The History of Leith

January 26, 2011

An act of Council to cut their throats. ‘

Sir Robert Logan of Restalrig, granted to the Edinburghers, for a large
consideration, an exclusive, ruinous, and enslaving bond, by which the inhabitants of Leith were not only restrained from carrying on any sort of trade, but debarred even the humble occupation of keeping shops or warehouses; and that no means of livelihood whatever should be left to the unhappy Leithers, they were by this grant forbidden to keep inns, or houses of entertainment for strangers. Even all this did not
satisfy the unconscionable avidity of the Edinburghers, who, with a vindictive and illiberal policy, which none but themselves would have practised, in the year 1485, ordained, by their Town Council, that no
merchant of Edinburgh presume to take into partnership an inhabitant of Leith, under the penalty of forty shillings to the church work, and to be deprived of the freedom of the city for one year. The same Council further enacted that none of the revenues of Edinburgh be let to an inhabitant of Leith, nor of the farmers of the said revenues presume to take a Leither as a partner in any contract relating to the same, nor to take any person cf Leith into his service in that respect, under the penalties aforesaid.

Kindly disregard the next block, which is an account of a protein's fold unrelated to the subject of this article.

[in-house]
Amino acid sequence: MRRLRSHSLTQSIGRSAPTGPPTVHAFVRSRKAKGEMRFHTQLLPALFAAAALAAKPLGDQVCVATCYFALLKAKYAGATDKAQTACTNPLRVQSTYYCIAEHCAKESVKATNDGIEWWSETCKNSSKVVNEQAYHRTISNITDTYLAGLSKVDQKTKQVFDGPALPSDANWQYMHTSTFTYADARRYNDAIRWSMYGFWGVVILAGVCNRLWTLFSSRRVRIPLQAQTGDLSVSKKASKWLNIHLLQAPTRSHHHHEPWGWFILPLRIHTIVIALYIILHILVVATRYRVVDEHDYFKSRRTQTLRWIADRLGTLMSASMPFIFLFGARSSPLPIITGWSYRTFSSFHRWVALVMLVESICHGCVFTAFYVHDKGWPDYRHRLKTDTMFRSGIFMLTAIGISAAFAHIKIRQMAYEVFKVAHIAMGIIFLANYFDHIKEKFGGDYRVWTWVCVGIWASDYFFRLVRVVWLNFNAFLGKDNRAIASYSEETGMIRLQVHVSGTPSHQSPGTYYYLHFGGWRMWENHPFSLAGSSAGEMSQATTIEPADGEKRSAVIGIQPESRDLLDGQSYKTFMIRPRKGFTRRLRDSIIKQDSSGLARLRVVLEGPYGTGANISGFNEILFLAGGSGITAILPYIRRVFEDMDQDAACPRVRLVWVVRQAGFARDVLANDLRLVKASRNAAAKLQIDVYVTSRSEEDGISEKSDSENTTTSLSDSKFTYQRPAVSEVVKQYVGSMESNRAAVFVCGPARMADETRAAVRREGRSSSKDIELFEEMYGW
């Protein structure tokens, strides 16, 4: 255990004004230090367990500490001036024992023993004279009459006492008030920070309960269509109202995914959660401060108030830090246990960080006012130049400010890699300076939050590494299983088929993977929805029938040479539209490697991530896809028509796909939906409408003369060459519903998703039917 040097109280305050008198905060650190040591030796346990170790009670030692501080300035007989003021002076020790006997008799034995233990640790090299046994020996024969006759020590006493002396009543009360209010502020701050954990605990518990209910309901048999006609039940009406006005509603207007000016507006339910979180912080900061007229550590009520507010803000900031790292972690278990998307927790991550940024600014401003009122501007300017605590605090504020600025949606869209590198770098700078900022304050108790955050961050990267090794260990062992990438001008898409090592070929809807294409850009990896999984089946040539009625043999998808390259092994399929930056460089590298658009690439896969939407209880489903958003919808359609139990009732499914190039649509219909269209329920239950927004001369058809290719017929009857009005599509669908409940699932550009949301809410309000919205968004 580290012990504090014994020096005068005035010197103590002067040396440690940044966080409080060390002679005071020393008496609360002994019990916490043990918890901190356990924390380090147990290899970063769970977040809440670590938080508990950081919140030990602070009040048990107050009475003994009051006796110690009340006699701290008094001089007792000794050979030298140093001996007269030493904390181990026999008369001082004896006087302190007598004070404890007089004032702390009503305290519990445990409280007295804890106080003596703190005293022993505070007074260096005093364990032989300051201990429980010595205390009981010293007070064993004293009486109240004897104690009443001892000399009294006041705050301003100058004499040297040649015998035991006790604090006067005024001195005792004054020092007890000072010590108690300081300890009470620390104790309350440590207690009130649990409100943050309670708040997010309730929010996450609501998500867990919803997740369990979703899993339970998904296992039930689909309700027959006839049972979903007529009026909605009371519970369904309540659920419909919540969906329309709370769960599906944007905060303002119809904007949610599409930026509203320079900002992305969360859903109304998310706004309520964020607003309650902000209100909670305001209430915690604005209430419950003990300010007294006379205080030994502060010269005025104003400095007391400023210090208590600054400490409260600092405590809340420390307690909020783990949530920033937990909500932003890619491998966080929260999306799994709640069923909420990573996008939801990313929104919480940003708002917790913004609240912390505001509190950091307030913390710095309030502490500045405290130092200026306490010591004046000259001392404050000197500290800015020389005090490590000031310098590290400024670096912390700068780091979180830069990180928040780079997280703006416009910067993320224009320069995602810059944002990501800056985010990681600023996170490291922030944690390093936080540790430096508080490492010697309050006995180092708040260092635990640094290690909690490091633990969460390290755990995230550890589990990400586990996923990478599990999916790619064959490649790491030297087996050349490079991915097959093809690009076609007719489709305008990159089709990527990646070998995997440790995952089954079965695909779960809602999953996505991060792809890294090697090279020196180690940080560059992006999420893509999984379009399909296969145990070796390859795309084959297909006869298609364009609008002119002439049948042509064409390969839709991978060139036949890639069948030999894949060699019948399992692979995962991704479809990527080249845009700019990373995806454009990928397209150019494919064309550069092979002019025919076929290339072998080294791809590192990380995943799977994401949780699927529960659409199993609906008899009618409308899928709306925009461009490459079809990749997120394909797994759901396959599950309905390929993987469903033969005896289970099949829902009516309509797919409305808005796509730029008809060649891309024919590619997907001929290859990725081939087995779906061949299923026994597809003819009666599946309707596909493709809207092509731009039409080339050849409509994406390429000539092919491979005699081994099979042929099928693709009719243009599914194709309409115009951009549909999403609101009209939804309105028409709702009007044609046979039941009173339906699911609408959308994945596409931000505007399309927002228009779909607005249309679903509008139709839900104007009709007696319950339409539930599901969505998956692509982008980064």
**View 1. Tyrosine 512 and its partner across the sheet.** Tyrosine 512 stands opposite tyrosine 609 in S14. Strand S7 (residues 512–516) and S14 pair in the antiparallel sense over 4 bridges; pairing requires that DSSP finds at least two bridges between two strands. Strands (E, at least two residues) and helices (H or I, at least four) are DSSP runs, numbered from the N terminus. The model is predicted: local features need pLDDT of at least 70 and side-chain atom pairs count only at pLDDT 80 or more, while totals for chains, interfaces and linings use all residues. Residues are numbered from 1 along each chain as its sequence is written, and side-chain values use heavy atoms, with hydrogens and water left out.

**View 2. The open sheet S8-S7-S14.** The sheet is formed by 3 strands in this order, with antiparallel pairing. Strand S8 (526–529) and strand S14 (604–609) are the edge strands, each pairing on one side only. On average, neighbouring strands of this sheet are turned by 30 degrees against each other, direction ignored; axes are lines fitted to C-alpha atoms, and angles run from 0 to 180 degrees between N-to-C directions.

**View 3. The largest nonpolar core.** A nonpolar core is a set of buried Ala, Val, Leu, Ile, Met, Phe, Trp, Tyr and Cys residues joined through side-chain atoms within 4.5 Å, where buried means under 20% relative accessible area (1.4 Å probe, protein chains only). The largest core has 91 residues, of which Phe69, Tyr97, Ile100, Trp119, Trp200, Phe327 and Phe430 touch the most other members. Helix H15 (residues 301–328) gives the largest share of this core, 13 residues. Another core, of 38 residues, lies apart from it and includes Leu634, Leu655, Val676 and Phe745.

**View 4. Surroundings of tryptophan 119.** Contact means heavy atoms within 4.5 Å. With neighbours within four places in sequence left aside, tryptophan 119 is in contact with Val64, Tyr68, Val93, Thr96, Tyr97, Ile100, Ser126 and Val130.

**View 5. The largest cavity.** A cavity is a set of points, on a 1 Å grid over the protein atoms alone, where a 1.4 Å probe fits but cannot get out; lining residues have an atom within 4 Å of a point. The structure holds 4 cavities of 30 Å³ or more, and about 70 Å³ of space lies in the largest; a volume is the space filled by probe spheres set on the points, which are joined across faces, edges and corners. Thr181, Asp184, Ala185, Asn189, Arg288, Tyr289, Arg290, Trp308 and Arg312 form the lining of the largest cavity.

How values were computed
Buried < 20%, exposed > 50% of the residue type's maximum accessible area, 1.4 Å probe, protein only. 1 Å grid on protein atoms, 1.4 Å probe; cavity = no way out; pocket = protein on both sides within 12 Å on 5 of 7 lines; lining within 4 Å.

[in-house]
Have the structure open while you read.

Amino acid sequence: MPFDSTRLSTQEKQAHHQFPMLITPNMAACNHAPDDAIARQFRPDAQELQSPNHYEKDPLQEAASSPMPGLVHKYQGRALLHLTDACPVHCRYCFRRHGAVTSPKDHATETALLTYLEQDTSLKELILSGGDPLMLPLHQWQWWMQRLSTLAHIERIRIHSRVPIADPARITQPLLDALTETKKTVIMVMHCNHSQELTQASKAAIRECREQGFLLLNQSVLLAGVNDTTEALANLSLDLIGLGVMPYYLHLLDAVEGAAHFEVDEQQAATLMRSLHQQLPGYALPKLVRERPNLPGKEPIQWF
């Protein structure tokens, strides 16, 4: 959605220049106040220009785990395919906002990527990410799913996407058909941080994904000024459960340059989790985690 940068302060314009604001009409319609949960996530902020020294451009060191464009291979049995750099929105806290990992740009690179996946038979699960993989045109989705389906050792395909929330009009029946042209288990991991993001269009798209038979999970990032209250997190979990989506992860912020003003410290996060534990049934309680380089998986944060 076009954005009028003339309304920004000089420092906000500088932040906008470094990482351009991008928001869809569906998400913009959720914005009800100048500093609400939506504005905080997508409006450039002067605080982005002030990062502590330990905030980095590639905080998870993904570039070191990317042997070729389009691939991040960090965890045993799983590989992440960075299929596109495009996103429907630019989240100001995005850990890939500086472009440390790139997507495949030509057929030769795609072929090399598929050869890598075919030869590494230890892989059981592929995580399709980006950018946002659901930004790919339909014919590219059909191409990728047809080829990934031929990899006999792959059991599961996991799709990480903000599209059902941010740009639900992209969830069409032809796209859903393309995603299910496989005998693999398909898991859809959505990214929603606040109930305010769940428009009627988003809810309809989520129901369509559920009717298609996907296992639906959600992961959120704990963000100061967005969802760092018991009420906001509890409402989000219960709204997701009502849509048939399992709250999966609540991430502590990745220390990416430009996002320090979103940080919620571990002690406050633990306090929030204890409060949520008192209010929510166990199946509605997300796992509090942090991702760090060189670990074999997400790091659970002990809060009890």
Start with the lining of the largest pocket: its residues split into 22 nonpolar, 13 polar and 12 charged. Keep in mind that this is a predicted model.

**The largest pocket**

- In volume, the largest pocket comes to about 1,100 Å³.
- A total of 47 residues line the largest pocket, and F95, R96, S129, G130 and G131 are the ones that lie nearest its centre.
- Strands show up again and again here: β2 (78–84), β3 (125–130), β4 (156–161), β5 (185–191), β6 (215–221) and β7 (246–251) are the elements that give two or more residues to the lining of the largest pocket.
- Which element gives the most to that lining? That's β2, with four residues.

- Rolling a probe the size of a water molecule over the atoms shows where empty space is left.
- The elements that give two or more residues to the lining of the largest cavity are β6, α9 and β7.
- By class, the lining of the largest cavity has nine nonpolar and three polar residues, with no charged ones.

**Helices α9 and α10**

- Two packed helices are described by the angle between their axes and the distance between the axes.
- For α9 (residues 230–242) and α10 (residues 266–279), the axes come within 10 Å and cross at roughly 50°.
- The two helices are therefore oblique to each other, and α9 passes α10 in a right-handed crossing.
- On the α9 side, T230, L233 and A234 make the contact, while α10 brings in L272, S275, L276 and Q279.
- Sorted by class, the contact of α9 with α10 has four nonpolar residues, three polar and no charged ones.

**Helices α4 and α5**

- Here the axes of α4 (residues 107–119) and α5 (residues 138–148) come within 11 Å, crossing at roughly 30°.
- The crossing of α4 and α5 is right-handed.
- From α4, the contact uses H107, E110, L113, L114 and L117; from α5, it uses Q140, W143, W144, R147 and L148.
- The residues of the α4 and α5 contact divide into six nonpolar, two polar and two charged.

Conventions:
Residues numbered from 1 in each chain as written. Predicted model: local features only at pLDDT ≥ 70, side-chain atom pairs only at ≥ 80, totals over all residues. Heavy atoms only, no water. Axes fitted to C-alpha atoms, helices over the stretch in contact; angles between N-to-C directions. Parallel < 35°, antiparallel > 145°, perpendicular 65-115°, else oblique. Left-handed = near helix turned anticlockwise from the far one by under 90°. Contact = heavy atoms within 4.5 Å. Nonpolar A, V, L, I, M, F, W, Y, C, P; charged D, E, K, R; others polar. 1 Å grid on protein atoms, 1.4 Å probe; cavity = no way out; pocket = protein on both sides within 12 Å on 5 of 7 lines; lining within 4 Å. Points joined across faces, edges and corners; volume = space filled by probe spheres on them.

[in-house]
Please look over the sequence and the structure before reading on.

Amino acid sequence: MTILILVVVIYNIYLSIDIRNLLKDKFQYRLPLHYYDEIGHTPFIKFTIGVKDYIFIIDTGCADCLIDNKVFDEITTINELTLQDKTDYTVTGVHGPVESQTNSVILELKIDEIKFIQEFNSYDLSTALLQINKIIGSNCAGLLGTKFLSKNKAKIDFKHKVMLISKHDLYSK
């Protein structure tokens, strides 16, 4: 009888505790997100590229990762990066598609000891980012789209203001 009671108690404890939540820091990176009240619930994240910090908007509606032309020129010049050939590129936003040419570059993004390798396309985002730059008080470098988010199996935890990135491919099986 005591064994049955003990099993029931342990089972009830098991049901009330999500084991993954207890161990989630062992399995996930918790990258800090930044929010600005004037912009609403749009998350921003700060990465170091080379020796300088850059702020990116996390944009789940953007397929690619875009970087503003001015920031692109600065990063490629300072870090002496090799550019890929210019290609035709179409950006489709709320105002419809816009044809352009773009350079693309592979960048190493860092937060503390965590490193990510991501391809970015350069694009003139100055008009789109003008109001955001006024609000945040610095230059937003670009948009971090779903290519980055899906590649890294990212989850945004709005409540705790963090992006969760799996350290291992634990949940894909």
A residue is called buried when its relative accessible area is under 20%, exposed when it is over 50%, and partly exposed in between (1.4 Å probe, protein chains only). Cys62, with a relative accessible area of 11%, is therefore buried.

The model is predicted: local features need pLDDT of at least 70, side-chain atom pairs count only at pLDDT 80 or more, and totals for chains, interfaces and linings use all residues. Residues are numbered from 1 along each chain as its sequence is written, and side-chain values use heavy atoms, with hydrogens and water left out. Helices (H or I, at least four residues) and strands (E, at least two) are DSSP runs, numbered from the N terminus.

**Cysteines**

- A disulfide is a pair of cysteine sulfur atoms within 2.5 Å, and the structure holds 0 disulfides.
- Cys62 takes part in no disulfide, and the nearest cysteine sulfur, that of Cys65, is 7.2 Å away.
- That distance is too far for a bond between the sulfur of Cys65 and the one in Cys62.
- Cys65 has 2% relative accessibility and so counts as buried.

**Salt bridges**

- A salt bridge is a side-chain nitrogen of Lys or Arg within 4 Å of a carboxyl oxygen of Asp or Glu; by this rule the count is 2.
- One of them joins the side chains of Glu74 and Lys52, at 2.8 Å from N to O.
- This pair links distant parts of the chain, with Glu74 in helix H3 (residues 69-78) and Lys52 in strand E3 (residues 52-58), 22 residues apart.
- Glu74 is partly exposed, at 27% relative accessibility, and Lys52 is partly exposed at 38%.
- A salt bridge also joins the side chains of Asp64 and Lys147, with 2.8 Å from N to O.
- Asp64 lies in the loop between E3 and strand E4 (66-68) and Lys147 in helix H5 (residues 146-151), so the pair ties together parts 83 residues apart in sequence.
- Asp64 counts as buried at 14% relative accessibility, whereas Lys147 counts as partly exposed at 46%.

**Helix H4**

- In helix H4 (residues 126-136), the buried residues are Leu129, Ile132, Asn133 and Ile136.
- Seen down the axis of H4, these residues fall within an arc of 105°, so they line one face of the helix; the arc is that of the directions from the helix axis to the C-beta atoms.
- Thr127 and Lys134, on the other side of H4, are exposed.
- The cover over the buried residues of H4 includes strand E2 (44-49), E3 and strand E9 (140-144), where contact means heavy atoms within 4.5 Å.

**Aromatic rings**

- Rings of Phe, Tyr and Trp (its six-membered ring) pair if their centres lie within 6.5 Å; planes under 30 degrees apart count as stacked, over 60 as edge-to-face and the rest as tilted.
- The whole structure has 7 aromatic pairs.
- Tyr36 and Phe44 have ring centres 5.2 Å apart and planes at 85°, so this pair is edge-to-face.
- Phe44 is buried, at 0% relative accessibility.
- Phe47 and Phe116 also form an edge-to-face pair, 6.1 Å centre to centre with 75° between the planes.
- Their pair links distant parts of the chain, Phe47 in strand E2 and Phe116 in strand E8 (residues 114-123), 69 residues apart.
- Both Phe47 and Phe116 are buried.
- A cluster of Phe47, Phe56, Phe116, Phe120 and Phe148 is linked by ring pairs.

In another act of Council, of which we have not ascertained the date, but which, from its tenor, we may presume was passed about the same period, it was enacted that no staple goods, whether of strangers or freemen of other burghs, after they are unladen, be
housed, or remain longer in Leith than is absolutely necessary, before conveying them to Edinburgh, under the pain of escheat, and that the said goods or merchandise be not. sold or disposed of in Leith, under
the same penalty. After this we conceive there was but one measure wanting to complete the destruction of the unhappy Leithers, and that—we say it in all sincerity—was an an act of Council to cut their
throats. ‘

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